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Toward Democratic Eco-socialism
as the Next World System

8. Emissions Taxes

Book cover: Climate Change: What Everyone Needs to Know by Joseph Romm

An emissions tax can serve as a progressive climate change mitigation strategy given the seriousness of the ecological crisis. It is imperative that humanity figure out ways to reduce greenhouse gas emissions quickly to keep the planet in a relatively safe climatic state. Much ink has been spilled on how to reduce greenhouse gas emissions, including weighing up the pros and cons of emissions taxes and trading schemes. Unfortunately, existing trading schemes, including those in the U.S., the Kyoto Protocol, and the E.U., essentially grant corporations and developed countries property rights to emit greenhouse gas. The emission allowance prices under the E.U. Emissions Trading Scheme have fluctuated wildly, from a high of thirty Euros in April 2006 to three cents at the end of 2007, to thirty Euros during 2008, then down to 6.04 Euros in April 2012, and up to 9.80 Euros in August 2012.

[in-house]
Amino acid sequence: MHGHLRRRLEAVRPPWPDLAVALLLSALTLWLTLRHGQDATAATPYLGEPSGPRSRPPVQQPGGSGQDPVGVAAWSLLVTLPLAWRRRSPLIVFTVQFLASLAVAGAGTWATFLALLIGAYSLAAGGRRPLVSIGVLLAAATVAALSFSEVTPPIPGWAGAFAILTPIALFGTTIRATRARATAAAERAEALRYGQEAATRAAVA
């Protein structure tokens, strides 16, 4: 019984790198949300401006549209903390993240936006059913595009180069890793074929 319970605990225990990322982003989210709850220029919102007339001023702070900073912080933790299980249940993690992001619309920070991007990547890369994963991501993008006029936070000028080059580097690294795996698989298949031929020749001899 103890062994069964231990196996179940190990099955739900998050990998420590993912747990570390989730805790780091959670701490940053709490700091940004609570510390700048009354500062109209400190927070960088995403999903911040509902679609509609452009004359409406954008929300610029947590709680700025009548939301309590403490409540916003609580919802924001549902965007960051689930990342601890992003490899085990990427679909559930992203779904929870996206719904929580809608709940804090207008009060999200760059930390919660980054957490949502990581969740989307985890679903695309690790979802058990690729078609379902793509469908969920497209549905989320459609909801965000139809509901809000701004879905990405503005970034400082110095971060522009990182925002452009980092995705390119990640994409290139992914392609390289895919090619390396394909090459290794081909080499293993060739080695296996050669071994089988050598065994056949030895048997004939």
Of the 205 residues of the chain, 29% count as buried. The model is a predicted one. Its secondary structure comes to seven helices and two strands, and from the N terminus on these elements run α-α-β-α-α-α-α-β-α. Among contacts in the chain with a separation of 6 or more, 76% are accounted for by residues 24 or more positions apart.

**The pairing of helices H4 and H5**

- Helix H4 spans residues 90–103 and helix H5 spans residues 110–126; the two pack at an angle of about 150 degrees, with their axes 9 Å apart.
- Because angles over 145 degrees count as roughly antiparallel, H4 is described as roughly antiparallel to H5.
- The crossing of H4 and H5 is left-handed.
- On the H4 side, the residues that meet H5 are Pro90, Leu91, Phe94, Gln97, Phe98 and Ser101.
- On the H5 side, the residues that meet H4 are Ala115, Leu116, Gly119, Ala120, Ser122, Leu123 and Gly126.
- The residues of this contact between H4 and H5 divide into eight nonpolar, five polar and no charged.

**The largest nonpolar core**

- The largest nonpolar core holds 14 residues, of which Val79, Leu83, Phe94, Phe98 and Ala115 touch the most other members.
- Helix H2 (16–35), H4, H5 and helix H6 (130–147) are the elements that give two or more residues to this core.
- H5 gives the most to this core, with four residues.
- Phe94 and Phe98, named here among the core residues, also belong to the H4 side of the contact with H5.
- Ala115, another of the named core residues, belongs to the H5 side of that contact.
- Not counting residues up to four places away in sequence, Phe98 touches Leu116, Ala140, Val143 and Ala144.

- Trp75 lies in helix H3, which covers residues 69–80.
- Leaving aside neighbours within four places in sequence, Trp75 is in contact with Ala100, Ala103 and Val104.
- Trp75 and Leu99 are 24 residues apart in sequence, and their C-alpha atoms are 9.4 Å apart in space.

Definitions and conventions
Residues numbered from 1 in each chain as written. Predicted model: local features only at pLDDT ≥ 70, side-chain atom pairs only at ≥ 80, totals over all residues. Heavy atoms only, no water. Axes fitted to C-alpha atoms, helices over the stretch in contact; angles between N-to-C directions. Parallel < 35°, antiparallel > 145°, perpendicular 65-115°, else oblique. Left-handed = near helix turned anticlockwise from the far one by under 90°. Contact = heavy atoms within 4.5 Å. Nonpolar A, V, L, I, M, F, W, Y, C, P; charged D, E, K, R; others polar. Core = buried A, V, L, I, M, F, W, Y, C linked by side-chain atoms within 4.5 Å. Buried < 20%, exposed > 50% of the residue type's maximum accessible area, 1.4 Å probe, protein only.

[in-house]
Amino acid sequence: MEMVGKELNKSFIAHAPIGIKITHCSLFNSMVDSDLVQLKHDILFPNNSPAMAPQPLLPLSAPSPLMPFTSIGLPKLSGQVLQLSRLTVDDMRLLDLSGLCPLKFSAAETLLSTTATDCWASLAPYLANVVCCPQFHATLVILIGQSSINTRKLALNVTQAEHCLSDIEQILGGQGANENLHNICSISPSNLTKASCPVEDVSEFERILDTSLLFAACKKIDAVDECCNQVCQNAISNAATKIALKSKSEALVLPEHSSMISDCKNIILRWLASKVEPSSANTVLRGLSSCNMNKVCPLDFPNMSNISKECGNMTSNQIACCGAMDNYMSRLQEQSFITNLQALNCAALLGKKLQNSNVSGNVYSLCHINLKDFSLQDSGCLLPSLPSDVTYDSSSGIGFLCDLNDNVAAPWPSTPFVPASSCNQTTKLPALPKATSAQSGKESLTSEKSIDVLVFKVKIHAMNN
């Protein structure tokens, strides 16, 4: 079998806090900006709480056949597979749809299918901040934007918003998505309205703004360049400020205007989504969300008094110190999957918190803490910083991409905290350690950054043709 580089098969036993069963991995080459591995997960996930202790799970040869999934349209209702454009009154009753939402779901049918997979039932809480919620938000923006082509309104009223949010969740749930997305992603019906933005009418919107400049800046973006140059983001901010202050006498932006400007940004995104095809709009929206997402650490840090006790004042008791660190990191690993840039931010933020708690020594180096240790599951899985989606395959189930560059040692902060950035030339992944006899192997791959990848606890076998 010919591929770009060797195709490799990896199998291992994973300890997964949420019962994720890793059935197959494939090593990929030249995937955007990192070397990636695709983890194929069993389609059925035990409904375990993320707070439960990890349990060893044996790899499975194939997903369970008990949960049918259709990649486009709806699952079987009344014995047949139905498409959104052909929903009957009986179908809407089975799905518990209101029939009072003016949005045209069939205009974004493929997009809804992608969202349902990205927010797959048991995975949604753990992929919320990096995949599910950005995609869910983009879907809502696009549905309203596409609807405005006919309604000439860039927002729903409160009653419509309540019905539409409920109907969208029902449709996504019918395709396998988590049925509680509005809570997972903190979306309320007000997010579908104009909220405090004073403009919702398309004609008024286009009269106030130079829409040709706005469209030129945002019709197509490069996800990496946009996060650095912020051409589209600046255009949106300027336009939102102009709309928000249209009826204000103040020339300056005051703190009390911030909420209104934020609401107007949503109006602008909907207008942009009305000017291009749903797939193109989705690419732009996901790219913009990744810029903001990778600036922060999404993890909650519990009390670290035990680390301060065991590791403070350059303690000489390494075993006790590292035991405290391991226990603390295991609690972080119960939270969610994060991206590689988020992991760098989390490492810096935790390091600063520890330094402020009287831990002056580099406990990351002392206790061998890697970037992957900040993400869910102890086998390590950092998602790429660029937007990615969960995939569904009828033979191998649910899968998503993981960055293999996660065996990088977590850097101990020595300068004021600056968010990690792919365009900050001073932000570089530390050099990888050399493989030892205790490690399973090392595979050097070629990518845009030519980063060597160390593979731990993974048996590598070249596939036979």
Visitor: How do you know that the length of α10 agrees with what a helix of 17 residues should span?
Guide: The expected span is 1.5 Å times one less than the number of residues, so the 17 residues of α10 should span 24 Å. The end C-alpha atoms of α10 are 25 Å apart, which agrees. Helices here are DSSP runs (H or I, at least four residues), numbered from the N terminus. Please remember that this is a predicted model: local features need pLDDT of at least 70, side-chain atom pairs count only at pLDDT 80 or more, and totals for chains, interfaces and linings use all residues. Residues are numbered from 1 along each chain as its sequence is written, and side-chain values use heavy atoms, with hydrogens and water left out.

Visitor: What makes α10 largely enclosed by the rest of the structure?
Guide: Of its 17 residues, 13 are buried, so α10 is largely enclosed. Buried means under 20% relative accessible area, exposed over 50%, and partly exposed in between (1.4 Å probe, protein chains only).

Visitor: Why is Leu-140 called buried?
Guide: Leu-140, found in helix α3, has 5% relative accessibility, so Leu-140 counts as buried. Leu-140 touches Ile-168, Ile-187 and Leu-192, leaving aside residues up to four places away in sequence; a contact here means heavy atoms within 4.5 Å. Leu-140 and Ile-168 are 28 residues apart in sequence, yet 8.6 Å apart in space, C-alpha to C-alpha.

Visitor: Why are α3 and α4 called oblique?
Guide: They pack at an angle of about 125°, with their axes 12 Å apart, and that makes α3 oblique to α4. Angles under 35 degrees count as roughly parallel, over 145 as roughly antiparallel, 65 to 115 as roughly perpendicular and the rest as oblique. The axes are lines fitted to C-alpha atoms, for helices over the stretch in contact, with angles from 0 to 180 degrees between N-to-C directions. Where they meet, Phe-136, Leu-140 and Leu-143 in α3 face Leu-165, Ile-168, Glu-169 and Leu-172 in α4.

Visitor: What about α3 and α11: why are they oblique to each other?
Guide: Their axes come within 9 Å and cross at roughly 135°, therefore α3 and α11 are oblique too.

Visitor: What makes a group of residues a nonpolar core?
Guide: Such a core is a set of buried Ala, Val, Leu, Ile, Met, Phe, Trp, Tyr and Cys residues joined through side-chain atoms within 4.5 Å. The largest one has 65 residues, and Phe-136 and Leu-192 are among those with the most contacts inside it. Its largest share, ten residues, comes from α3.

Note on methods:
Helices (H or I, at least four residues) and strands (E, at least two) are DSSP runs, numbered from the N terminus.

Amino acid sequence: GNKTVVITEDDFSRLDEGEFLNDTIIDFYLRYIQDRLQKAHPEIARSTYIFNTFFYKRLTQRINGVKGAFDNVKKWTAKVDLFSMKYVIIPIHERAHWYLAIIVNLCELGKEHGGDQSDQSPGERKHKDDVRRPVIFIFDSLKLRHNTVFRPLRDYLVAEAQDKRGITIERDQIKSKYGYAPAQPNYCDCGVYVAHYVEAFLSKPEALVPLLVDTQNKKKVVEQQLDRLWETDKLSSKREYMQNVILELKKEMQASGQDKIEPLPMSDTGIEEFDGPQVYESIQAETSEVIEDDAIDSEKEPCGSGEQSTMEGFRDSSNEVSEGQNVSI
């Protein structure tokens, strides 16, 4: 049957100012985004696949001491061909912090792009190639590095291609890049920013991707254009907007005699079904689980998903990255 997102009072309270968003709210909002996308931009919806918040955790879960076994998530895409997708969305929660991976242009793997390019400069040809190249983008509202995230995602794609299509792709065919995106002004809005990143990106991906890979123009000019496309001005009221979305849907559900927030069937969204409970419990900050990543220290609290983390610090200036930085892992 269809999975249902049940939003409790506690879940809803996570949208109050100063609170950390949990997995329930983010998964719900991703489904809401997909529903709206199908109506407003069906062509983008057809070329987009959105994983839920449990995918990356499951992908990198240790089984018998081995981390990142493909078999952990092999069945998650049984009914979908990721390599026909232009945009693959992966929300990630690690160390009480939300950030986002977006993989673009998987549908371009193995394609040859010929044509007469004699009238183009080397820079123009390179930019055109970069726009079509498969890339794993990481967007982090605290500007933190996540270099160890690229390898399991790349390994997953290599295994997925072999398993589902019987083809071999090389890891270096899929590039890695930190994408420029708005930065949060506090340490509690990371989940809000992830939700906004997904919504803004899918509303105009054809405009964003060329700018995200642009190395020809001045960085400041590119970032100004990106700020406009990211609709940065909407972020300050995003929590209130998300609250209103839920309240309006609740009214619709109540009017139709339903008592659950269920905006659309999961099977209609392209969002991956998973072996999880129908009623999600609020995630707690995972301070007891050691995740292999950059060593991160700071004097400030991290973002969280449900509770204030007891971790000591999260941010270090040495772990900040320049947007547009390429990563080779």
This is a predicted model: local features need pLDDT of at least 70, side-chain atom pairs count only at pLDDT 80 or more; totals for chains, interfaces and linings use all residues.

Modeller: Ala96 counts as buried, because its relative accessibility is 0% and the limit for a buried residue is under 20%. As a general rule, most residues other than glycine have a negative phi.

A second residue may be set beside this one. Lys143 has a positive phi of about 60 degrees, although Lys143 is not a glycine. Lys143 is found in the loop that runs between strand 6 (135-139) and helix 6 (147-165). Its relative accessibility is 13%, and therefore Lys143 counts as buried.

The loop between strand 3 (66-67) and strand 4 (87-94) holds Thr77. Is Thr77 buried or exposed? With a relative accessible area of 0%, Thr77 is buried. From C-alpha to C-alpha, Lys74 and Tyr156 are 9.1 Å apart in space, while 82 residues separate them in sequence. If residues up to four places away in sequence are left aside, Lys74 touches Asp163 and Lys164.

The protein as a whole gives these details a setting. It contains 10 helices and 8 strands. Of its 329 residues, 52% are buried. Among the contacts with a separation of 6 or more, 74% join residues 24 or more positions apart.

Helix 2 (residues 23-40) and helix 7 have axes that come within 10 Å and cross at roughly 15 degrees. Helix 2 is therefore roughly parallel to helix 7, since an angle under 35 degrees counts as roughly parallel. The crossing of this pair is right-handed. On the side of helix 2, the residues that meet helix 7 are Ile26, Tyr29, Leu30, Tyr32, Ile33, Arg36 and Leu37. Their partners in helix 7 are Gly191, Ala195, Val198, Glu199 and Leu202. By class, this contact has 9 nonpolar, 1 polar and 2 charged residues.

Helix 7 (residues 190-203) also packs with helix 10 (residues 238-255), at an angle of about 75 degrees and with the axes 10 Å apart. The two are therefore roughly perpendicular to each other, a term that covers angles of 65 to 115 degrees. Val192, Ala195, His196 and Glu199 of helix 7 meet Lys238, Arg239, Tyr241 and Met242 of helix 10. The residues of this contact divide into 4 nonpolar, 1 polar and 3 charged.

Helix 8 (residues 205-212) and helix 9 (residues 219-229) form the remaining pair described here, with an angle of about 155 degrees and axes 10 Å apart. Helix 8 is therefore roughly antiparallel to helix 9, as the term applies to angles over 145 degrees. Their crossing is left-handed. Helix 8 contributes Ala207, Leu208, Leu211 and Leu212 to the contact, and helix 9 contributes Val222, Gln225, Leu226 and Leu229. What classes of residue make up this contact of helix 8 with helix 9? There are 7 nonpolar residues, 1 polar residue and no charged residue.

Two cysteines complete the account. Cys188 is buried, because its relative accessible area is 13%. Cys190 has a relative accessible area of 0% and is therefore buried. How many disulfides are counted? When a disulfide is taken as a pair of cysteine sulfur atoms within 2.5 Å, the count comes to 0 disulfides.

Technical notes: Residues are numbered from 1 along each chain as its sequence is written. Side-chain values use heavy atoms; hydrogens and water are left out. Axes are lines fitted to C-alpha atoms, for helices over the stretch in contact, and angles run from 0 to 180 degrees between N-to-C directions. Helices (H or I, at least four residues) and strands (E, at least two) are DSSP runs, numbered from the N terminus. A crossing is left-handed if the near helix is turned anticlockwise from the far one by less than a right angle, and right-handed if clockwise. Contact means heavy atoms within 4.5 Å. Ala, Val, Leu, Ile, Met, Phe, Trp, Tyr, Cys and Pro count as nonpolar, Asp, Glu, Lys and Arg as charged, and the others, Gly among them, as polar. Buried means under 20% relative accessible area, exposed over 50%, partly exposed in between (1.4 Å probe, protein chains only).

Conversely, a carefully crafted emissions tax has the potential to serve as a transitional reform. James Hansen, a retired NASA climate scientist, has called for a steep carbon tax at the site of production as a strategy for quickly reducing greenhouse gas emissions. Ultimately, the record on the few existing emissions tax schemes found in various countries has been modest or mixed in terms of curtailing emissions or promoting a shift to renewable energy sources. Emissions taxes are, at best, only a short-term solution, and a market mechanism at that, and would perhaps not be necessary if energy production were publicly owned rather than privately owned, which is generally the case today around much of the world. Public ownership of utilities and mining could aid a rapid transition from fossil fuels to renewable energy sources. What is needed are governments that exist not to prop up corporate endeavors but to seek to achieve social parity and environmental sustainability.

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